כמו שאמר המשורר (תהלים עח:סז) "וימאס באהל יוסף" – זהו שילה… ואם אמרנו "עד כי יבוא שילה" כי אז תאבד הממשלה והמלכות תיפסק מזרעו, אם כן אין זה דרך המברך. ועוד כי לעולם לא יאמר "עד" בפסוק למעט כי אם להוסיף כדרך שאמר ליעקב אבינו (בראשית כ"ח:טו) "והנה אנכי עמך ושמרתיך בכל אשר תלך … כי לא אעזבך עד אשר אם עשיתי את אשר דברתי לך." (פירוש הארוך)

As the Psalmist said (Psalms 78:67): “And He rejected the tabernacle of Yosef.” – this is Shilo…. And if we would say that “until Shilo comes” means that at that point he would lose the rule and the kingship would end for his descendants, this is not the nature of a blessing. Furthermore, the use of the word “ad” in a verse never comes to diminish, but to add, as our father Ya’akov said (Bereshit 28:15): “And behold I am with you, and will keep you in all places that you go…for I will not leave you until (עד) I have done all that I said to you.” (The Long Commentary)

R. Yosef Bechor Shor interprets the blessing in a similar fashion:

בא [יעקב] לפרש [ליהודה] מתי יבוא לו המלכות, ואמר לו: לא תעלה על לבך שתהיה בעניות עד שיבוא זמן מלכותך, כי לא יסור שבט וממשלה ממך, כי לעולם יחשבוך לגדול... ותהיה... מחוקק גזרות מצוות על אחרים, כלומר: עד כי יבוא שילה תהיה שוטר ומושל, אבל משבא שילה תהיה מלך, כי משבא יומו של שילה שנחרב, אז צמחה מלכות בית דוד, כדכתיב (תהל' ע"ח) "ויטש משכן שילה … וימאס באהל יוסף … ויבחר בדוד עבדו ובירושלים אשר רצה." אלמא דבביאת יומו של שילה תלוי מלכות בית דוד.

[Ya’akov] came to explain [to Yehudah] when the kingship would come to him, and said to him: “Do not think that you will be lowly until the time of your kingship arrives, for the scepter and kingship will not depart from you, for they will always consider you great… and you will be … the one who imposes commands and decrees on others.” That is to say, that until Shilo comes, you will be an officer and ruler, but when Shilo comes, you will be king – for on the day that Shilo is destroyed, the house of David will prosper, as it is written (Psalms 78:60,67): “And He forsook the tabernacle of Shilo … and He rejected the tabernacle of Yosef … but he chose the tribe of Yehudah and Mount Zion that He loved.” This proves that the kingship of the House of David is dependent on the coming of the day of Shilo.

There is a slight difference in emphasis between the interpretations of Bechor Shor and Ibn Ezra. According to Bechor Shor, the terms “shevet” and “mechokek” refer to the dominance of the tribe of Yehudah prior to their acquisition of the kingship. According to Ibn Ezra, they refer to the kingship itself.

The Staff of Rebuke

In contrast to Rashbam, Ibn Ezra and Bechor Shor, Anshalmah Astruk solves the difficulty raised by Abarbanel by providing an alternative interpretation of the terms “shevet” and “mechokek”. According to Astruck, these terms represent sticks that would be used to chastise the kings from the tribe of Yehudah throughout their rule in order to keep them on the proper path. This metaphoric staff would ensure the ultimate arrival of Mashiach ben David, “Shiloh”.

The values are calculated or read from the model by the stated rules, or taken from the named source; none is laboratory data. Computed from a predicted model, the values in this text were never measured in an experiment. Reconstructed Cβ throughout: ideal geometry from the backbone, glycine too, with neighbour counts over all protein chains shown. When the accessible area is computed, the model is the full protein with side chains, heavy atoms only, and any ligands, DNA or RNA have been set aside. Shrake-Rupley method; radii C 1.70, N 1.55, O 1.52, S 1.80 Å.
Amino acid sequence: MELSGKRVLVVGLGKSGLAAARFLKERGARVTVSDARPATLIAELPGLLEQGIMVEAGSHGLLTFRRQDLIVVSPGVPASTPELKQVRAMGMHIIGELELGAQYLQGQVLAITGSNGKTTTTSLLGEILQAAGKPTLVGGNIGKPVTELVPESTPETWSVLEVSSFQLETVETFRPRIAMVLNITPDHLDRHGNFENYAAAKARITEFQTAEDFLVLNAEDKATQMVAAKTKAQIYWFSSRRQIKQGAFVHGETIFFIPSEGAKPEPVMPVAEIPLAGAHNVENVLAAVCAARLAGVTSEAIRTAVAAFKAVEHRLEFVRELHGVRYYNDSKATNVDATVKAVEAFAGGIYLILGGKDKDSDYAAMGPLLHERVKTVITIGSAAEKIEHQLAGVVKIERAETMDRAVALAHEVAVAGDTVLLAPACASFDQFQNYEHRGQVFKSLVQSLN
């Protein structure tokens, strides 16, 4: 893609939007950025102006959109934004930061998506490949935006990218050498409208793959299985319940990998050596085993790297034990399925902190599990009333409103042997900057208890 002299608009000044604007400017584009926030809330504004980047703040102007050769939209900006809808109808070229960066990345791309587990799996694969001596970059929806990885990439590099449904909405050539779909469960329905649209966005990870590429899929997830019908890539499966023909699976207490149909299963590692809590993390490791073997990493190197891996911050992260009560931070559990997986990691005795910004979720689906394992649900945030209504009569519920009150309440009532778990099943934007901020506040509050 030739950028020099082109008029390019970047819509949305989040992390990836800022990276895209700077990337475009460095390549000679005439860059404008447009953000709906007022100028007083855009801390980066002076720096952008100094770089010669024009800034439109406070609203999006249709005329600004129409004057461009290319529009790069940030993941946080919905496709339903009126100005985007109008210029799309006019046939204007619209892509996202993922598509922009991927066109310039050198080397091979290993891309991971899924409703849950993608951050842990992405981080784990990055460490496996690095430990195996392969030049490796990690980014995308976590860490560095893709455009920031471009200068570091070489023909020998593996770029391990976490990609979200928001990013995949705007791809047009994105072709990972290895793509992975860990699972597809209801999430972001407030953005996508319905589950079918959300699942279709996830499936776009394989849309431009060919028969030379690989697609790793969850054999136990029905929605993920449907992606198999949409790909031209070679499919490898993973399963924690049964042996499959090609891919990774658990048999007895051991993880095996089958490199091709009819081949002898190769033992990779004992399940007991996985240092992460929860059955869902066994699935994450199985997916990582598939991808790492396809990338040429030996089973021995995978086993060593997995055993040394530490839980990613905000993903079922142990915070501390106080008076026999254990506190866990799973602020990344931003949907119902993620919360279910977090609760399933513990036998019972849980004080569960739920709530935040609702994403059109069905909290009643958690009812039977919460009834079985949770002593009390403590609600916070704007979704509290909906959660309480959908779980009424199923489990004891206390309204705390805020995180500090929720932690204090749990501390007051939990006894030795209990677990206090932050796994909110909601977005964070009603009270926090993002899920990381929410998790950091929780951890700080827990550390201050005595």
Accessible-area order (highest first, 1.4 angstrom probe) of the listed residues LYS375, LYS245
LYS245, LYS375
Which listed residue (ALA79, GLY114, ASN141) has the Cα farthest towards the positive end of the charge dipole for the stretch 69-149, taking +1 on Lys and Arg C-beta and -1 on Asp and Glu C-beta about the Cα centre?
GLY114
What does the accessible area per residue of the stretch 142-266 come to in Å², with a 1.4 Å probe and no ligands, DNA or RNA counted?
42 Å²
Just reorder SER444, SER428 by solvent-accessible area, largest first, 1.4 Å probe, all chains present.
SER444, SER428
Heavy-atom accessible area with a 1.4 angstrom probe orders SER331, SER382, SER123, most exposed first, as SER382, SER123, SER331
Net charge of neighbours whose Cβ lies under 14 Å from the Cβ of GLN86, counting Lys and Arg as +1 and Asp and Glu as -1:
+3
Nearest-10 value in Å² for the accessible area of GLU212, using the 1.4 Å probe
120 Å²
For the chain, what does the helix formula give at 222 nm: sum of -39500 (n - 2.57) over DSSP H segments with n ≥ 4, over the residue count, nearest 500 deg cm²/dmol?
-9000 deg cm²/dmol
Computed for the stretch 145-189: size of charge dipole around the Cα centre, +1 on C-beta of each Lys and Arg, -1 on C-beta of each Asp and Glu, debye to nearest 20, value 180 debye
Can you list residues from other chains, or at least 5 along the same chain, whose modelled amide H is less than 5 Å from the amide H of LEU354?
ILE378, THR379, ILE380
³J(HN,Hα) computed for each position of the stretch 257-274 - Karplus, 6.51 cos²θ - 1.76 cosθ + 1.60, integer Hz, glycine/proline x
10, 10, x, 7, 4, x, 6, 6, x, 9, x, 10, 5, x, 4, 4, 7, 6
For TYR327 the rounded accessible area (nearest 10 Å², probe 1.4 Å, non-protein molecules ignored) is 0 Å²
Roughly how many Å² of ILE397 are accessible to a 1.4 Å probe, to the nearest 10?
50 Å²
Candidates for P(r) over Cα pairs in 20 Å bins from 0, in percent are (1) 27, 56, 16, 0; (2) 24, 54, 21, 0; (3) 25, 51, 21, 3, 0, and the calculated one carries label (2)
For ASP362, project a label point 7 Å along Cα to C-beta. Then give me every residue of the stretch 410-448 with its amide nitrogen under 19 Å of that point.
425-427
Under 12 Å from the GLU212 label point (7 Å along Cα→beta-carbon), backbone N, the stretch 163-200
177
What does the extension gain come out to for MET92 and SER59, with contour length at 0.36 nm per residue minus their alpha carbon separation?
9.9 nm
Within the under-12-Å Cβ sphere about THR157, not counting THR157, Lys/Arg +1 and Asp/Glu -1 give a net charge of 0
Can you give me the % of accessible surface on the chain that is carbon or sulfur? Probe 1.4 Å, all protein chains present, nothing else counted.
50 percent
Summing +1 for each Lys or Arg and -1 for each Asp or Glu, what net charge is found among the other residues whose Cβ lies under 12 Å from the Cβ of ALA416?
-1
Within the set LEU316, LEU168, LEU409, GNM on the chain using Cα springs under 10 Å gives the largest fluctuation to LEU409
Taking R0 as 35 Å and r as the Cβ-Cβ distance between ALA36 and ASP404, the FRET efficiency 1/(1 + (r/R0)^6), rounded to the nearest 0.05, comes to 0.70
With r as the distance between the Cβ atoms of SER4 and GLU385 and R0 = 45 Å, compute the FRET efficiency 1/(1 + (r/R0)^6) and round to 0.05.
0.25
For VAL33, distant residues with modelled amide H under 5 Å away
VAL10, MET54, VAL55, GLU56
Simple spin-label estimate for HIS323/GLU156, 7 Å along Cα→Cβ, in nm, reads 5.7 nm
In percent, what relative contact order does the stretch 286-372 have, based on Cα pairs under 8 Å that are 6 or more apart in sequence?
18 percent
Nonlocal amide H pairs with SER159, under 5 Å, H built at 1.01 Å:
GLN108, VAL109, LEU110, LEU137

ופרשתי … לא יסור שבט המכה והמחקק … לייסרו בעת יחטא, עד שיהיה שלם, לא יצטרך להוכיח – הוא בימות המשיח ואז ומשול בכל העמים.

I explained … The striking rod and staff will not depart...from punishing him when he sins, until he is perfect, when he will not need rebuke - this is in the Messianic Age, and then he will rule all people.

Astruk’s interpretation is consistent with the promise to David regarding the rule of his son Shlomo as expressed by the prophet Natan in Shmuel II 7: 13-16:

…וכננתי את כסא ממלכתו עד עולם. אני אהיה לו לאב והוא יהיה לי לבן אשר בהעותו והוכחתיו בשבט אנשים ובנגעי בני אדם. וחסדי לא יסור ממנו … ונאמן ביתך וממלכתך עד עולם …

And I will establish his royal throne forever. I will be a father to him, and he shall be a son to Me. When he does wrong, I will chastise him with the rod of men and the affliction of mortals; but I will never withdraw My favor from him...Your house and your kingship shall ever be secure…

Through this interpretation, Astruk creates a common thread of rebuke within the first four blessings given by Ya’akov to Reuven, Shimon, Levi, and Yehudah.

The Blessing as a Commandment

Ramban maintains that in Ya’akov's blessing of Yehudah the terms “shevet” and “mechokek” refer to the kingship, and the term “Shilo” refers to “Mashiach”. He solves the questions raised by Abarbanel alternatively by suggesting that the blessing is actually not a prophecy regarding the future, but rather a commandment prohibiting members of the other tribes from assuming the kingship:

ולא ימשול אחד מאחיו עליו … כי הוא ימשול ויצווה בכל ישראל ולו חותם המלכות … ולפי דעתי היו המלכים המולכים על ישראל משאר השבטים עוברים על דעת אביהם ומעבירים נחלה…. וזה היה עונש החשמונאים שמלכו בבית שני. כי היו חסידי עליון ואלמלא הם נשתכחו תורה ומצוות מישראל, ואף על פי כן נענשו עונש גדול, כי ארבעת בני חשמונאי … נפלו ביד אויביהם בחרב.

And none of his brothers will rule over him... but he will rule and command all of Israel, and he will have the seal of royalty... In my opinion, the kings from other tribes, who ruled over Israel after David, went against the wish of their father Jacob by diverting the inheritance of Yehudah to another tribe…. This was also the reason for the punishment of the Hasmoneans, who reigned during the Second Temple. They were saints of the Most High, without whom the learning of Torah and the observance of commandments would have been forgotten in Israel, and despite this, they suffered such great punishment. The four sons of the Hasmonean …fell by the sword of their enemies…